Hamas-Fatah divide is affecting local journalism

Palestinian Facebook activists gather in a cafe in Gaza City. More and more young Palestinians are using the Internet and especially Facebook to get their local news. © Thomas Coex - AFP/File

The political fracturing in Gaza and the West Bank, with Hamas and Fatah competing for power, has spread to other institutions – including journalism. This divide has made it extremely difficult for local journalists to report local news and Palestinians are now increasingly looking for their news elsewhere.

The latest institution to splinter was the Palestinian Journalists Syndicate (PJS), an independent organization established to protect journalistic freedom and ensure objective news for Palestinians locally.  Although Hamas took political power in Gaza in 2007, the union had continued to defend all journalists – whether they were loyal to Hamas or Fatah. That policy was in keeping with the Union’s code of ethics, defining its role as the defender of all media “independent from all sources, custody, censorship, directing, containment and deviance” as an affiliate of the International Federation of Journalists (IFJ). But that changed on March 18, when Hamas held elections in Gaza for the Union’s leadership there. No Fatah candidates were allowed.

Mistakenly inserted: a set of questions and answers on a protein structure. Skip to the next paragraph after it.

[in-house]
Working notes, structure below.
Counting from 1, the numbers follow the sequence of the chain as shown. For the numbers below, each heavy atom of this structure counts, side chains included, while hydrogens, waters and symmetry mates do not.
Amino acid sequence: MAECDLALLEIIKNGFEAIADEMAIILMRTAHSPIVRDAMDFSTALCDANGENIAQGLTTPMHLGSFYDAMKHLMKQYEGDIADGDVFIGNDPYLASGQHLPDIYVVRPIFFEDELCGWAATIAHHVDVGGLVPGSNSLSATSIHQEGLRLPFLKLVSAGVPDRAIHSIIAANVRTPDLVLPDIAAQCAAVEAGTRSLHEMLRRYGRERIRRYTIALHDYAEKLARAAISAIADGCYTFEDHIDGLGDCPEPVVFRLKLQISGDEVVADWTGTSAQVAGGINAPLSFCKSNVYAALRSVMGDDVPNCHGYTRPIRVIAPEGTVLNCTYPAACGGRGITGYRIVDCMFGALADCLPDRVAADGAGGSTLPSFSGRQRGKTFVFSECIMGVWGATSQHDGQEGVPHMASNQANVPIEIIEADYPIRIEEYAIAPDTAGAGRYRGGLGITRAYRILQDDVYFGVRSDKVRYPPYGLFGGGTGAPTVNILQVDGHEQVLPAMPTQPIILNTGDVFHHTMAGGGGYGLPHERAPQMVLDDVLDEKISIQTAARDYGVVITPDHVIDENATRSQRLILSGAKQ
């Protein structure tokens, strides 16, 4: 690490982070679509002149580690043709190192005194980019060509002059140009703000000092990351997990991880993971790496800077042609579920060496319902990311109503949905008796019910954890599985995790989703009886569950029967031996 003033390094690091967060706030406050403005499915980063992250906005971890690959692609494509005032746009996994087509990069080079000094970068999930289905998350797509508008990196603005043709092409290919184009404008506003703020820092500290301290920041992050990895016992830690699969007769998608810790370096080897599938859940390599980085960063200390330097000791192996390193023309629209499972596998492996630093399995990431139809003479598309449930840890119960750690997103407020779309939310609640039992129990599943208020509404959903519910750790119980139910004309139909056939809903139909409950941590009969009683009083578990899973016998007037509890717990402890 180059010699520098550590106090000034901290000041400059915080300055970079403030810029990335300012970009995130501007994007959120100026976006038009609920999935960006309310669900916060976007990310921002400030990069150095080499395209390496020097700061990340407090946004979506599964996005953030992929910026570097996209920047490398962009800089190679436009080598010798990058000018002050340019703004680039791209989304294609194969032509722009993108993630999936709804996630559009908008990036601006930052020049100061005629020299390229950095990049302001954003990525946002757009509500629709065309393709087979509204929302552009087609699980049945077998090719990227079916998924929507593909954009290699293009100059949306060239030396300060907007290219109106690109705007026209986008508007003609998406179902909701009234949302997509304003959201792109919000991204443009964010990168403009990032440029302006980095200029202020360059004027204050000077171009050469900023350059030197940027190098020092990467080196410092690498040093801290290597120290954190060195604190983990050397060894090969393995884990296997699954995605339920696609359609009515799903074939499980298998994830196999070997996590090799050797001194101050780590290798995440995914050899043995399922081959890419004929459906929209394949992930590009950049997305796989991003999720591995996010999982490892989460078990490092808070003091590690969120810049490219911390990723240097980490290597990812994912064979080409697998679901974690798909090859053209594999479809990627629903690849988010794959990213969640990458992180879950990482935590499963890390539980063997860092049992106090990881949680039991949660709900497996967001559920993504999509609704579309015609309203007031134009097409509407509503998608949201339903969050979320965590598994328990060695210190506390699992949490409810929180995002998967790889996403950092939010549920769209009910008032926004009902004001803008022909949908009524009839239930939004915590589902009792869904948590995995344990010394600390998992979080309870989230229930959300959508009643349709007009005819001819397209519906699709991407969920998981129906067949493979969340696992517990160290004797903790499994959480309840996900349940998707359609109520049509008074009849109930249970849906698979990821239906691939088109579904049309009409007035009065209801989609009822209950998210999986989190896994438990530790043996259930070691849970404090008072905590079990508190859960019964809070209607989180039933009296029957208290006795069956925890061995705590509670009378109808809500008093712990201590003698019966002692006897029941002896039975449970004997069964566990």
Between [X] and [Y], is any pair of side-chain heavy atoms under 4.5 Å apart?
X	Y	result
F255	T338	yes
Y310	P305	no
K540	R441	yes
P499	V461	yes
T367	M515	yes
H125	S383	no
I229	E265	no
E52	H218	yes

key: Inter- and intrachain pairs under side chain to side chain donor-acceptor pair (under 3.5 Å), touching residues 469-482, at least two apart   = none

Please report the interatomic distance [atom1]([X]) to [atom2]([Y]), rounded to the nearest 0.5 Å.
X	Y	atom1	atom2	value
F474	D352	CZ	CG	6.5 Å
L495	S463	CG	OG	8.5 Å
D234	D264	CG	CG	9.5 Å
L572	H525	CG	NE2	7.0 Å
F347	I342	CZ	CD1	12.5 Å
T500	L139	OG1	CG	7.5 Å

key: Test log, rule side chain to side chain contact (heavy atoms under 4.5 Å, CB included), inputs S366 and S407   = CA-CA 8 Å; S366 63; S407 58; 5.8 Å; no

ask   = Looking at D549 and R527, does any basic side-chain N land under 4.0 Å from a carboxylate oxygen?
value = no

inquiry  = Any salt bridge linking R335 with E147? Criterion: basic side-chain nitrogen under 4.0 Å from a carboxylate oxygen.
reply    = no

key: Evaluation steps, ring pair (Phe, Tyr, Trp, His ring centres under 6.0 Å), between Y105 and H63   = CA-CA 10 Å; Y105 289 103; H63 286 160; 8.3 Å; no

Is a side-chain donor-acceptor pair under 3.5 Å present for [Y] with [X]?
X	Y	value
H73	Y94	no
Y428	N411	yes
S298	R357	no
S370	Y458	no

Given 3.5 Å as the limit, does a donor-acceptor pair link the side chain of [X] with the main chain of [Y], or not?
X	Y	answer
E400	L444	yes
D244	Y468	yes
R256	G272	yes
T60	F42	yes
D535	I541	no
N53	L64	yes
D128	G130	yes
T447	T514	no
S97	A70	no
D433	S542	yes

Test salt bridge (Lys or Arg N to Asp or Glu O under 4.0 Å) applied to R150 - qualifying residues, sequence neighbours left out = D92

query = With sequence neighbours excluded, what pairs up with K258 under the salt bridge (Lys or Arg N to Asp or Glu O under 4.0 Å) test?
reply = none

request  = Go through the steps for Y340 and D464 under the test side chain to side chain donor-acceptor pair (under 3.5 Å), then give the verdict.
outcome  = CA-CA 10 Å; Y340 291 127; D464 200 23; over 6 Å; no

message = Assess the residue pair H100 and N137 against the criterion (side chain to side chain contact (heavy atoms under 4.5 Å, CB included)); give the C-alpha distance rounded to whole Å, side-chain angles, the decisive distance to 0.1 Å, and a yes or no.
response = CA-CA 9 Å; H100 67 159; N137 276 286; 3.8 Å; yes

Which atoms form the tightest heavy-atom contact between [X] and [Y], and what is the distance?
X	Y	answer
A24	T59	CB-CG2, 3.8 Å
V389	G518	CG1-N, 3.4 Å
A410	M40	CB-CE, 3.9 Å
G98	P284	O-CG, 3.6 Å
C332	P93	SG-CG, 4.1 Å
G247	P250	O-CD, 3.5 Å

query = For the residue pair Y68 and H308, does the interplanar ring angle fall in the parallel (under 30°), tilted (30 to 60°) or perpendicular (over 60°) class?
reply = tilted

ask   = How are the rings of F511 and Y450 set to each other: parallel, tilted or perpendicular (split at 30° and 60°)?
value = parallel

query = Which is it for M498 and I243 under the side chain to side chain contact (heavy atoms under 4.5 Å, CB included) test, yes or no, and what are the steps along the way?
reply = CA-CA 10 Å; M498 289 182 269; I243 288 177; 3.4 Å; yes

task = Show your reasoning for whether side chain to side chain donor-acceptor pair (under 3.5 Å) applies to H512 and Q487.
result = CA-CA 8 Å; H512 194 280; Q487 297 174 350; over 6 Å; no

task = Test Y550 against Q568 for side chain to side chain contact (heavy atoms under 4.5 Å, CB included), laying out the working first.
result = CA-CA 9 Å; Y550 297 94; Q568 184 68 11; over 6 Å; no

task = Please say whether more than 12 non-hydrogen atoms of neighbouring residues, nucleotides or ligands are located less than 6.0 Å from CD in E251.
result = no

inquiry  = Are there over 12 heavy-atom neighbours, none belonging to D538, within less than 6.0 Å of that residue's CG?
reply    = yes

Read the full story on Your Middle East.

Salim Essaid is a student at Columbia University Graduate School of Journalism. He can be reached on Twitter (@salimessaid).